BankAccount(double balance) {
             this(balance, 0.01);
         }
    
         BankAccount(double balance, double interest) {
             checkArgumentIsValid(interest, "Interest rate can not be less than 0");     // should refactor constant message to the other place.
             checkArgumentIsValid(balance, "Starting balance can not be less than 0");
    
             this.balance = balance;
             this.interest = interest;
         }
    
         private void checkArgumentIsValid(double arg, String message) {
             if (arg < 0) {
                 throw new IllegalArgumentException(message);
             }
         }
     }
    

    In the above code, we have several constructors sorted in a particular order from no arguments to one argument to two arguments. Only the bottom one has validation logic, so it’s all in one place, and it also sets the fields. This constructor does all of the heavy lifting. The others just this keywork and call it.

    This could be further refactored. The interest rate could be refactored into a constant since it is a default value, and these argument checks could be wrapped into prettier methods.


Constructor Telescoping

  1. Given problem

    Assume that we are building a backend system for a pizza restaurant, so we start off with a single parameter that takes the base size.

    Then, we also want to add interesting thing into our pizza.

    Therefore, we should create many constructors with different arguments, our constructors have a long list argument. The problem is multiplied by the simple fact that we should mix and match any number of ingredients.

    This is called as telescoping constructor pattern.

     Pizza(int size) { ... }
     Pizza(int size, boolean cheese) { ... }
     Pizza(int size, boolean cheese, boolean ham) { ... }
     Pizza(int size, boolean cheese, boolean ham, boolean mushroom) { ... }
    
  2. Solution To fix this problem, we should use Builder pattern.

    The downside of this solution is to have boilerplate code such as set properties in Builder class. But it makes our constructor readable, maintainable.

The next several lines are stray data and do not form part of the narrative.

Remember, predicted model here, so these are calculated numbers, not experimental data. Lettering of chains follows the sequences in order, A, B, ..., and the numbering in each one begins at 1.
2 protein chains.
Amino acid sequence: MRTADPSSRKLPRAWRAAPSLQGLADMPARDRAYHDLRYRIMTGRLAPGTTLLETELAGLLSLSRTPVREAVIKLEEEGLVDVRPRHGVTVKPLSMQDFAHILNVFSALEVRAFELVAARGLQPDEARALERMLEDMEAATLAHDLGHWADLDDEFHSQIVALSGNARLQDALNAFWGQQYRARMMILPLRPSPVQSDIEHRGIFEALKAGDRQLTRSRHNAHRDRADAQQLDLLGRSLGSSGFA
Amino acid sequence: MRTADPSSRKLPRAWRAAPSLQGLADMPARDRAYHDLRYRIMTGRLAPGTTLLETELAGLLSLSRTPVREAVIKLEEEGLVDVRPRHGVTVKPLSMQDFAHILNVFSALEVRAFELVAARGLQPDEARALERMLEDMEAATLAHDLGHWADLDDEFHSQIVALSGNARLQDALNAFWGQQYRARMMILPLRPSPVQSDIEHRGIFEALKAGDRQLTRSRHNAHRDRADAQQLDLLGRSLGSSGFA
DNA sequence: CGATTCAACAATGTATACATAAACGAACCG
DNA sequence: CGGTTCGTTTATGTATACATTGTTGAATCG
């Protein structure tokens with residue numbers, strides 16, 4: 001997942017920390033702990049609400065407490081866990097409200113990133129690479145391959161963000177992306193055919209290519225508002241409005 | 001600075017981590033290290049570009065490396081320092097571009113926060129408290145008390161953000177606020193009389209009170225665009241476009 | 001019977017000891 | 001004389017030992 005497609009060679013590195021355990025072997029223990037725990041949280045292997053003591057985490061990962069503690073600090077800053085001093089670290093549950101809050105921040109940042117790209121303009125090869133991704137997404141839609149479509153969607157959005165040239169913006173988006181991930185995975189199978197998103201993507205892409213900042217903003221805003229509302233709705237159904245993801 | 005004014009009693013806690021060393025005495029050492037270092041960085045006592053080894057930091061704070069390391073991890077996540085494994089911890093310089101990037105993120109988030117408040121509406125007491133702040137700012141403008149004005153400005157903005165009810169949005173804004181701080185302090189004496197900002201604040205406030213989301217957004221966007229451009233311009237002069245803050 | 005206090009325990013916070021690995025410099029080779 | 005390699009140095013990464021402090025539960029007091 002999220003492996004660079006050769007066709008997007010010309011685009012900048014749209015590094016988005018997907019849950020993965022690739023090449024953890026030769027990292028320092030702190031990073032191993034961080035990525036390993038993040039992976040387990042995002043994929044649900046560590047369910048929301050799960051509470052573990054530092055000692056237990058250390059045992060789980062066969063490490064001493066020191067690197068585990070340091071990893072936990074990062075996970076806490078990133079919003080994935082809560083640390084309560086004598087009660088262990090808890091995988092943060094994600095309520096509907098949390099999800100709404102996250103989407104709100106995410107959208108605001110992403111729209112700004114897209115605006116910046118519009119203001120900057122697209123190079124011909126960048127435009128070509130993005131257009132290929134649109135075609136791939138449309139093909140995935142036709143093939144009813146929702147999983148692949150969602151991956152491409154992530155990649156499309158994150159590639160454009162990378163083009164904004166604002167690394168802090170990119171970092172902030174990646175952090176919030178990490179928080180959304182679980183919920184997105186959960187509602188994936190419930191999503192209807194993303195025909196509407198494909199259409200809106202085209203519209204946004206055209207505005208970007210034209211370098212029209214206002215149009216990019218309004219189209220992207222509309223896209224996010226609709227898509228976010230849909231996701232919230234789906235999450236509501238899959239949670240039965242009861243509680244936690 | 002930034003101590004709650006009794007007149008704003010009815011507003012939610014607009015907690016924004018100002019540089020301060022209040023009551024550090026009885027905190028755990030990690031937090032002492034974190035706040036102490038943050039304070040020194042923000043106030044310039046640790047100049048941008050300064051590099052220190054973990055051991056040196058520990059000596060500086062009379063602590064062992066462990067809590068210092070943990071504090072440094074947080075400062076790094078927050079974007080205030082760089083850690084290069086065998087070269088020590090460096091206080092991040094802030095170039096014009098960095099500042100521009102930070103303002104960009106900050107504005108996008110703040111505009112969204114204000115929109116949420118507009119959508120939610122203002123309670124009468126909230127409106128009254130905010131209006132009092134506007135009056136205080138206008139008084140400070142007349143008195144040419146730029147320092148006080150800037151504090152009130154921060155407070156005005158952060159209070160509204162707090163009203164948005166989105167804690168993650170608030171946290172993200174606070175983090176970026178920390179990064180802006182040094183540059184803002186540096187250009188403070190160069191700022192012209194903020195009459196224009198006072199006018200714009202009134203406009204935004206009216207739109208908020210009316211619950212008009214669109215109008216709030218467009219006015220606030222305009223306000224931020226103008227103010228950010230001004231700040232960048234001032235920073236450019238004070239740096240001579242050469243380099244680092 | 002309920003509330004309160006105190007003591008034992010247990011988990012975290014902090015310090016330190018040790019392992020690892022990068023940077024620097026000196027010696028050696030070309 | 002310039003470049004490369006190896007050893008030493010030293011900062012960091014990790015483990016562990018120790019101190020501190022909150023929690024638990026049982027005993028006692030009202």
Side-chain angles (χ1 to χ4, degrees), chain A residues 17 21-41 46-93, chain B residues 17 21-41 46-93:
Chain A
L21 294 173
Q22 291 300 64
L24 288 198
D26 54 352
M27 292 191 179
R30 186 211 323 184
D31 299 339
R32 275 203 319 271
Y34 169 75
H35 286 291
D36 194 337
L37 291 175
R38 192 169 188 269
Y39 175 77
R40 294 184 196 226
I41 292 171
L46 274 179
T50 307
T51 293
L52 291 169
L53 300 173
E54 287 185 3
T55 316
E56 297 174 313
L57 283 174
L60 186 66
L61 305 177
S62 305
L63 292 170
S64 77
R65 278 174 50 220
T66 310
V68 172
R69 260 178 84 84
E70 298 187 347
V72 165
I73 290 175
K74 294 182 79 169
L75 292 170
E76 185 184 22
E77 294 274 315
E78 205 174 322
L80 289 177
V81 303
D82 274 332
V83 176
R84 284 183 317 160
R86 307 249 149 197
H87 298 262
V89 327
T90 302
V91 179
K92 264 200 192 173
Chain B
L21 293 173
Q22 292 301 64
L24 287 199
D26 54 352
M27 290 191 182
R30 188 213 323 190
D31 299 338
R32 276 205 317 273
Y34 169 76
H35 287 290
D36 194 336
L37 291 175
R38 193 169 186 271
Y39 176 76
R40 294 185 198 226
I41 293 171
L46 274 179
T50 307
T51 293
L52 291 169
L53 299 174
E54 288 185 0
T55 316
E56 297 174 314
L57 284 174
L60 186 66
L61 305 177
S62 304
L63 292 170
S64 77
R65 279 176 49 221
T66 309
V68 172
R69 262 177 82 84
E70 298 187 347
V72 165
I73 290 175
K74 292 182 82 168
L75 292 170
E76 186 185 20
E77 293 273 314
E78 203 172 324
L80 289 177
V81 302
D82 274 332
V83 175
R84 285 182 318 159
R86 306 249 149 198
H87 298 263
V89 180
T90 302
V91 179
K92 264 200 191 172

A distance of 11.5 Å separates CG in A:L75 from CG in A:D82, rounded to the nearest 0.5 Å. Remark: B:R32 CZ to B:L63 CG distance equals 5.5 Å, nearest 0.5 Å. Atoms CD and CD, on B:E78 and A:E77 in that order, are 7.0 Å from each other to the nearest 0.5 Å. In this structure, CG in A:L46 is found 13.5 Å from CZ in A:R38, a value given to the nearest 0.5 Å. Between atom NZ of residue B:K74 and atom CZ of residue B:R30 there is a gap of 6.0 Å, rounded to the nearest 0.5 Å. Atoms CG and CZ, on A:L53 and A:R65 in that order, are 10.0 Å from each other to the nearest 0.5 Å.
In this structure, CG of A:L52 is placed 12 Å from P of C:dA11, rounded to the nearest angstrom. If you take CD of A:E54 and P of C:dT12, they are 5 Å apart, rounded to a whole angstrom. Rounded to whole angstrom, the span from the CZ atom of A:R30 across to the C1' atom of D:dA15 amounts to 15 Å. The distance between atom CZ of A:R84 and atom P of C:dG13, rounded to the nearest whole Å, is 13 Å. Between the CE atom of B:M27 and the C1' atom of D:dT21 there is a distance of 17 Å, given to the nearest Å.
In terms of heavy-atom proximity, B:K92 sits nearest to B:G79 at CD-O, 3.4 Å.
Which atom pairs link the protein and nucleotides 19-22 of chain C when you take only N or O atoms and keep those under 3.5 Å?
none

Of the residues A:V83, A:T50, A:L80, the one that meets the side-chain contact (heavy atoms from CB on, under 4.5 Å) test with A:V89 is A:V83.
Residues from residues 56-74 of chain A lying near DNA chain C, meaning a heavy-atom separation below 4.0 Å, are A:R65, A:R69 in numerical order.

class Pizza {
    
         private final int size;
    
         private boolean cheese;
    
         private boolean ham;
    
         public Pizza(Builder builder) {
             this.size = builder.size;
             this.cheese = builder.cheese;
             this.ham = builder.ham;
         }
    
         static class Builder {
    
             private final int size;
             private boolean cheese;
             private boolean ham;
    
             Builder (int size) {
                 this.size = size;
             }
    
             Builder cheese(boolean value) {
                 this.cheese = value;
                 return this;
             }
    
             Builder ham(boolean value) {
                 this.ham = value;
                 return this;
             }
    
             Pizza build() {
                 return new Pizza(this);
             }
    
         }
     }
    
     // In main method, we have
     public static void main(String[] args) {
         Pizza pizza = new Pizza.Builder(12)
                             .cheese(true)
                             .ham(true)
                             .build(); 
     }
    


Wrapping up


Thanks for your reading.


Refer:

Java: Writing readable code and maintainable code

Effective Java of Joshual Bloch